Yan Zhou, M.D., Ph.D.Research Associate Professor
Laboratory of the Biology of Addictive Diseases
Recently, Dr. Zhou’s research in the Kreek laboratory focused on the role of the neuropeptide arginine vasopressin (AVP) and its central receptors, especially the V1b subtype, in drug addiction. In collaboration with Francesco Leri’s lab at the University of Guelph, he and his colleagues have found that amygdalar AVP gene expression levels were increased in acute heroin withdrawal, and highly selective non-peptide V1b receptor antagonists dose-dependently blocked stress-induced reinstatement of heroin-seeking behavior. Using genetically selected Sardinian alcohol-preferring rats, he and the Giancarlo Colombo lab at the Institute of Neuroscience of the National Research Council of Italy found that pharmacological blockade of V1b receptor attenuated alcohol drinking in a rat model of human alcoholism. Together, these studies indicate that the AVP/V1b system may be a potential novel therapeutic target for treating drug addiction.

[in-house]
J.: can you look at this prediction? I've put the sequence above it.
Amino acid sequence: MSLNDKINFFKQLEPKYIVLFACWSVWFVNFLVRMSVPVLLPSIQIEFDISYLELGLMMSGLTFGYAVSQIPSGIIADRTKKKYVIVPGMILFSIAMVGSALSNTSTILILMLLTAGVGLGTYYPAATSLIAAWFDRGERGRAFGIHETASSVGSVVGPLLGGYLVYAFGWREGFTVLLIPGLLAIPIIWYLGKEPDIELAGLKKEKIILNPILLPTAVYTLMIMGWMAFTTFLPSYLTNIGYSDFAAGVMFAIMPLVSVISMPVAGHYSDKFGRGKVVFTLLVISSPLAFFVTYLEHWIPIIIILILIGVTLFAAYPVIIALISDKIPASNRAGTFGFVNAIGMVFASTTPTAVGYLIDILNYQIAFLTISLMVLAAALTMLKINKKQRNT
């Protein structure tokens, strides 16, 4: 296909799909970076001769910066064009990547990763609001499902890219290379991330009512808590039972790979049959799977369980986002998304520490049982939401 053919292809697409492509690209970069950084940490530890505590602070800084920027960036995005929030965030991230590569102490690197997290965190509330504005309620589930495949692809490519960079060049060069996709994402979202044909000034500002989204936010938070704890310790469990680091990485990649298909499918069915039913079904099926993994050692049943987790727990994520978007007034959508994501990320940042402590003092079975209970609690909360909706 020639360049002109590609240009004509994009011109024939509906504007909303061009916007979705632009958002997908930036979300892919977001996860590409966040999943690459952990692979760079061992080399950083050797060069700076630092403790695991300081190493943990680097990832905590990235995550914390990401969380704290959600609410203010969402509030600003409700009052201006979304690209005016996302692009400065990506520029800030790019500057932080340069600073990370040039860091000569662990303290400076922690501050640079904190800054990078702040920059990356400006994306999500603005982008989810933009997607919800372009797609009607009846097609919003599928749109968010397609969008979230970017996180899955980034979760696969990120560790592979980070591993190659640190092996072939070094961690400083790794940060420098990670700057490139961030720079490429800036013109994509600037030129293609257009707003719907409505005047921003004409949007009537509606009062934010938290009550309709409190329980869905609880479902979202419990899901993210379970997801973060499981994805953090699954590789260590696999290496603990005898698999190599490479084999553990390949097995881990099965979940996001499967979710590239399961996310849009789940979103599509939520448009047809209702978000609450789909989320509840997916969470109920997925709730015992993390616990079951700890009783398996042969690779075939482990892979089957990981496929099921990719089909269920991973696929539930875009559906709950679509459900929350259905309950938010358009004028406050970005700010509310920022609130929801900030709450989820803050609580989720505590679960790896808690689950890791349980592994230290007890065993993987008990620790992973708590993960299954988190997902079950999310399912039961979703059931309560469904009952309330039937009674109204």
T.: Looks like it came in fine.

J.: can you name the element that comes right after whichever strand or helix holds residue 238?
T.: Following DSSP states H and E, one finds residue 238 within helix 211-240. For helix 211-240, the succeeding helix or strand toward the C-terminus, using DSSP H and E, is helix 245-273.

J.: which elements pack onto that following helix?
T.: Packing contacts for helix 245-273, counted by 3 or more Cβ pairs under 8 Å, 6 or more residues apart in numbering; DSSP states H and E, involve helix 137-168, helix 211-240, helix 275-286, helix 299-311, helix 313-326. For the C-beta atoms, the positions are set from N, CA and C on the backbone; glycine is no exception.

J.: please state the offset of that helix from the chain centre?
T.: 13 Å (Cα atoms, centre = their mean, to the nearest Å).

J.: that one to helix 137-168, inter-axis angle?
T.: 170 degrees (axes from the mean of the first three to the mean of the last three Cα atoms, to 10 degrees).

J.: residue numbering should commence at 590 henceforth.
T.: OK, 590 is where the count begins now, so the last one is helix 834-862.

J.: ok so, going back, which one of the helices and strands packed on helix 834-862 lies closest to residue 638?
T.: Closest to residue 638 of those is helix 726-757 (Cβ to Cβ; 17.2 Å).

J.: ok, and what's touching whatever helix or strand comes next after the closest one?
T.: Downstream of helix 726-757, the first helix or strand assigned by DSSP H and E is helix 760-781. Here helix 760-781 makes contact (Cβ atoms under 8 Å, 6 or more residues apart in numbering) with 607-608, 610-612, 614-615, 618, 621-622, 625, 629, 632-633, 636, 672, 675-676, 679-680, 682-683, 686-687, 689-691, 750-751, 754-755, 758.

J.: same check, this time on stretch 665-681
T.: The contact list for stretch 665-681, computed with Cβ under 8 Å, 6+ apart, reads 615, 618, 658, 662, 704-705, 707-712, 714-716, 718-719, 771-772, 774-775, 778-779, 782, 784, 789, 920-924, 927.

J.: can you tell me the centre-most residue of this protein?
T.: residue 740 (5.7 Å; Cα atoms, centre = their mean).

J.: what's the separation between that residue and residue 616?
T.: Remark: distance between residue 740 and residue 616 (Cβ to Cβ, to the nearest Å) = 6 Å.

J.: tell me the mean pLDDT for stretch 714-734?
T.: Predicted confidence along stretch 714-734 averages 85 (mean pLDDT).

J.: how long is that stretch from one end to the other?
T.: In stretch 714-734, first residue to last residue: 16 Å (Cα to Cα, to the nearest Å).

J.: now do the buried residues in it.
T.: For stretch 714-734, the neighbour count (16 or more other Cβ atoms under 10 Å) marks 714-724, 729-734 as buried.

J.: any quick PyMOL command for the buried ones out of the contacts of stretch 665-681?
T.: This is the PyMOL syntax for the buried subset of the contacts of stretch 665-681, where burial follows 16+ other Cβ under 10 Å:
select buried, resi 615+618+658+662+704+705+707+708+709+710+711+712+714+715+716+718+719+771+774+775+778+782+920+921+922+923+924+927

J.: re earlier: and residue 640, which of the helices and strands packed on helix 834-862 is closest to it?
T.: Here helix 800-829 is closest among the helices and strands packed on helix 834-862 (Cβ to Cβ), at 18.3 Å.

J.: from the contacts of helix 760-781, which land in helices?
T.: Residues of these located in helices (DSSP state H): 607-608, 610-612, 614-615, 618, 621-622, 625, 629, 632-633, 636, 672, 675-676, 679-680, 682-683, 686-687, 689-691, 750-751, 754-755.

Evidence obtained in humans and rodents indicates that b-endorphin — encoded by the proopiomelanocortin (POMC) gene — is critical in regulation of alcohol drinking behavior. Dr. Zhou and his colleagues recently found that POMC-enhanced green fluorescent protein neurons were modestly distributed throughout the nucleus accumbens (NAc) shell and core. However, the alcohol effect on POMC gene expression has not been studied in rodent mesolimbic regions, such as the NAc. With Dr. Colombo’s lab, Dr. Zhou and his team further found that chronic alcohol drinking increased POMC messenger RNA levels in the NAc shell (but not the core) of Sardinian alcohol-preferring rats, suggesting that NAc POMC plays a role in high alcohol consumption.